When it comes to postpartum mood disorders, the most important thing a doula needs to know is how they can best help their clients while they recover.
Due to the nature of their work, postpartum doulas are in a unique position to assist mothers with postpartum mood disorders. Working so intimately with a family, they can keep an eye out for warning signs, and be a key member of her support team. In order to achieve this goal, it’s important for postpartum doulas to have a good understanding about postpartum mood disorders, and how they can help mothers who are struggling.
It’s More Than Just Postpartum Depression
Although the main thing that comes to mind when you think of the postpartum period is postpartum depression, there’s more to it than that. Aside from feeling deep sadness, a new mother may also experience scary and intrusive thoughts. She could be struggling with anxiety, OCD, or even postpartum psychosis. Postpartum Progress has a helpful list and explanation of postpartum mood disorders.
Postpartum Mood Disorders Are More Common Than You Think
It’s reported that postpartum mood disorders affect 1 out of 7, or 15%, of new mothers. However, since this subject is often still seen as taboo, it’s likely that many cases go reported each year. The Mighty estimates that the percentage is closer to 25%. That’s 1 out of 4 mothers. Postpartum mood disorders are also more prevalent in the US where there’s more pressure on moms to bounce back quickly.
There Are Potential Risk Factors, but Postpartum Mood Disorders Don’t Discriminate
Some of these risk factors include:
- Previous episodes of depression or anxiety
- A difficult or traumatic pregnancy or birth
- Previous loss of miscarriage
- Fertility treatments
- A lack of help after the baby arrives
However, it’s important to remember that all new mothers are at risk for postpartum mood disorders. It doesn’t matter if they are having their first baby, or their seventh.
When Postpartum Mood Disorders Occur
The postpartum period is often classified as the first few weeks or months after birth. But, postpartum mood disorders can occur anytime during the first year after birth.
It’s Not One Size Fits All
There are many different symptoms associated with postpartum mood disorders. These disorders will manifest differently in everyone and it’s unlikely that any one mother will experience all the symptoms.
It Can Be Tough to Differentiate Postpartum Mood Disorders from Baby Blues or the Stress of Being a New Mom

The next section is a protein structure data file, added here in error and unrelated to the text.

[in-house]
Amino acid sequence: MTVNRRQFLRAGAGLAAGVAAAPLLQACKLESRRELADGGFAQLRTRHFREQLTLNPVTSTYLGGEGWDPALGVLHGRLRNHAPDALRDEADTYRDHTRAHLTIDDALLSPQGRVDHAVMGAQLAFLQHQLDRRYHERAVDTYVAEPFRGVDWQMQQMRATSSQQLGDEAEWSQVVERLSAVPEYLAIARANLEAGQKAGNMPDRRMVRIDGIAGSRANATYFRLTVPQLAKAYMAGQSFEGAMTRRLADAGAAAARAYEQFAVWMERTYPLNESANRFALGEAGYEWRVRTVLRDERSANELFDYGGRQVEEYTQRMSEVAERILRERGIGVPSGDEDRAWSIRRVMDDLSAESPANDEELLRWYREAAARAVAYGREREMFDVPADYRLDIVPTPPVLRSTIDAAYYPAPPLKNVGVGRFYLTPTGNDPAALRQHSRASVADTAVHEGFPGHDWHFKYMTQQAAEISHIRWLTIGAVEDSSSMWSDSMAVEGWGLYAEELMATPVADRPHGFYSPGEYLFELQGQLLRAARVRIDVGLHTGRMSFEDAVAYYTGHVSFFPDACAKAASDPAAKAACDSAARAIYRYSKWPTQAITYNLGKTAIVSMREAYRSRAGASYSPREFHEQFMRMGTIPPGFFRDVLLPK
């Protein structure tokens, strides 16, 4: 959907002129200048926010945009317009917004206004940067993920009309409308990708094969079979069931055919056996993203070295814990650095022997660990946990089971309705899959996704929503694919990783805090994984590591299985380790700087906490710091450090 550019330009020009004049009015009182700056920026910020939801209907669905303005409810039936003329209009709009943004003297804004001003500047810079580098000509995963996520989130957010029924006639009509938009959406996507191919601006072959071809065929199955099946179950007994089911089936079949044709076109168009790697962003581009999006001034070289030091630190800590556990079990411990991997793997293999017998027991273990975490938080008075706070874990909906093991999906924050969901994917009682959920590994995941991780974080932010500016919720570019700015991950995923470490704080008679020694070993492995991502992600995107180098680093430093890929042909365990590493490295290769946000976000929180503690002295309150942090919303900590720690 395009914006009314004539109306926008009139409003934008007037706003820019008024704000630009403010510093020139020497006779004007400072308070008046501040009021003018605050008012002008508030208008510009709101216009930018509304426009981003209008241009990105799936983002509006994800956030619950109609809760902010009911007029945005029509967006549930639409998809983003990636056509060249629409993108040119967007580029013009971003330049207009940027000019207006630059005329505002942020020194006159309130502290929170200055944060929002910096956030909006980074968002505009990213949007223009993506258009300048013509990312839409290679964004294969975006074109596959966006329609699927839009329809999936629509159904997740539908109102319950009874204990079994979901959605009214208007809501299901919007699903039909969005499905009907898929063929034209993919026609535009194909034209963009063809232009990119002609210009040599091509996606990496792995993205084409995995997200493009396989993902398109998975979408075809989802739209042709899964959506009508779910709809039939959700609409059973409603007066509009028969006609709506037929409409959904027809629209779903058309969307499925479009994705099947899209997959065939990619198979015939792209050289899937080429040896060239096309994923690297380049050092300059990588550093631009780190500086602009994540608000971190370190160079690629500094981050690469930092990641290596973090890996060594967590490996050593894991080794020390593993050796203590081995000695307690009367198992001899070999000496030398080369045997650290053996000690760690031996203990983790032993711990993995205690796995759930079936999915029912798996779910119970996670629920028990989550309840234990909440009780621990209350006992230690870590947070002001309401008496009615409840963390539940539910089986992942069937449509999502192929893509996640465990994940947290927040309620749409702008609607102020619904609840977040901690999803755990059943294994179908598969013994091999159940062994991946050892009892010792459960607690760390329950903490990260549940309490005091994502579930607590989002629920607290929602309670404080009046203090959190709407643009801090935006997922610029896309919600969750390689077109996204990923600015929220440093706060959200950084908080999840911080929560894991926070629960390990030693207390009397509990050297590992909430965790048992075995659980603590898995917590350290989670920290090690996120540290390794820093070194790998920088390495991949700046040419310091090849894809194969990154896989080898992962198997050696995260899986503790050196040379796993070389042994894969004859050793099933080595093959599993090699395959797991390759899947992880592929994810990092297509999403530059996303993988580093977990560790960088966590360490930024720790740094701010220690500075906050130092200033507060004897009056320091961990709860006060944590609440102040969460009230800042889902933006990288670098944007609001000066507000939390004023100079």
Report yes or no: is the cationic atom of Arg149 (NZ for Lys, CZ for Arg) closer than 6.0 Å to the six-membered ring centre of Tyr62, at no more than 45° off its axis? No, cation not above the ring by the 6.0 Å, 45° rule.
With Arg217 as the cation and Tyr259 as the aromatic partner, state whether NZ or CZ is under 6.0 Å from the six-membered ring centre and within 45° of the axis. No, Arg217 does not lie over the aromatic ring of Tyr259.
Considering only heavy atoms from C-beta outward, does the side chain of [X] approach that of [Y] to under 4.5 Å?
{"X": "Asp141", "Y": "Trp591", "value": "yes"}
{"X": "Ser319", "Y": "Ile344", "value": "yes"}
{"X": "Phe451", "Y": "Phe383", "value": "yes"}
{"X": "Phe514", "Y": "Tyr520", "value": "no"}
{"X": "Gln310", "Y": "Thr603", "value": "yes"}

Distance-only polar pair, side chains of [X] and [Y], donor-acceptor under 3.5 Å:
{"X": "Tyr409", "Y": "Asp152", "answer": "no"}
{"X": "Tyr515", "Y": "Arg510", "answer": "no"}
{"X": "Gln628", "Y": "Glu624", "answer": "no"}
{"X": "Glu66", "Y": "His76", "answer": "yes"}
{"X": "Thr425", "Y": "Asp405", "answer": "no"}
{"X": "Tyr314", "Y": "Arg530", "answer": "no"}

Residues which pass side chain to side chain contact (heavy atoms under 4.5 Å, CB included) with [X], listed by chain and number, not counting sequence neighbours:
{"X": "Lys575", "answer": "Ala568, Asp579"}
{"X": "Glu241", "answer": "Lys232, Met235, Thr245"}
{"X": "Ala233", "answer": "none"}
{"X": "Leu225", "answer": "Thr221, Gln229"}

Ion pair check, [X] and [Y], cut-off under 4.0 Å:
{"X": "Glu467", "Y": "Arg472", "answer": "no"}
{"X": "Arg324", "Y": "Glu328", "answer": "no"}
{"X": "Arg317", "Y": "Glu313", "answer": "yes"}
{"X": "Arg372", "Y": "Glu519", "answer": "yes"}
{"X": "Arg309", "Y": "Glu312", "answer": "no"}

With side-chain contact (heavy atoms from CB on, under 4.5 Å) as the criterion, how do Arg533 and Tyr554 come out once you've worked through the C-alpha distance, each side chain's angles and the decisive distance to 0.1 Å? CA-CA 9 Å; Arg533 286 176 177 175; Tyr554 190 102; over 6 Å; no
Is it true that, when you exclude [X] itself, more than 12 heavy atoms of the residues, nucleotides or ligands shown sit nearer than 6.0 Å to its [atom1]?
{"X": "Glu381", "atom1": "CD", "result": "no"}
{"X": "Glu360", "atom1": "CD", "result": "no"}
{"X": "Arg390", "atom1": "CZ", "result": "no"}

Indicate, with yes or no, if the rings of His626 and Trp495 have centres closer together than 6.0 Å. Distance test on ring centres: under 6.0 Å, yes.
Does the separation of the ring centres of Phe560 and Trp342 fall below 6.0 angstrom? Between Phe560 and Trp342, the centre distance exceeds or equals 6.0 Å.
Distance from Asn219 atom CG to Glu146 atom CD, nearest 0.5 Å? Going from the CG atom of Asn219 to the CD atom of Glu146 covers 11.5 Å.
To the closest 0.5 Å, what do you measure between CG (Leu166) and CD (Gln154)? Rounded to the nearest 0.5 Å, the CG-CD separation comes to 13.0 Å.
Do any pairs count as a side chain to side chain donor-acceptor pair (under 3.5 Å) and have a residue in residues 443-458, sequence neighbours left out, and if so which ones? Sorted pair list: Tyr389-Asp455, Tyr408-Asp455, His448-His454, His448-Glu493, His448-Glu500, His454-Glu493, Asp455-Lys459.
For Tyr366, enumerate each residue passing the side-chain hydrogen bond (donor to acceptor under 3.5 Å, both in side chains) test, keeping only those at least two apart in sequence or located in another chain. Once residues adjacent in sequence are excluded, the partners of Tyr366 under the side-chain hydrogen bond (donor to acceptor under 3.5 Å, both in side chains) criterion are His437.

It’s common for new mothers to experience some weepiness during the first two weeks after birth. This is known as the baby blues. Additionally, it can be normal for new moms to have down days where they feel stressed, overwhelmed, and exhausted. What differentiates a postpartum mood disorder from these occurrences is if the mother is affected daily, or it’s altering the way she cares for herself and/or her baby.
It’s Possible for a Mother to Continue to Breastfeed While Receiving Treatment
A mother does not need to stop breastfeeding while undergoing treatment for a postpartum mood disorder. Generally, treatment will involve a mix of therapy and medication, and there are medications that will not preclude breastfeeding.
A Postpartum Doula Can Help
As mentioned above, you can be an important part of a mother’s support team while she’s recovering. While working with a client who has a postpartum mood disorder, here’s how you can help:
- Encourage her to talk about her feelings. Be her listening ear and her shoulder to cry. Remember to validate her feelings and maintain a non-judgmental attitude.
- Make sure she gets time to rest.
- Make helping with her daily household chores a priority.
- Go for a walk with her. Getting out of the house and in the fresh air can make a world of difference.
- Help her meal preparation and suggest healthy meals.
- Offer her a list of local support groups. She can connect with other moms who may be dealing the same thing she is, and will remind her that she’s not alone.
- Most importantly: remind her that she’s a good mom! Having a postpartum mood disorder does not define who she is as a mother.
Learn more about becoming a postpartum doula by visiting the International Doula Institute.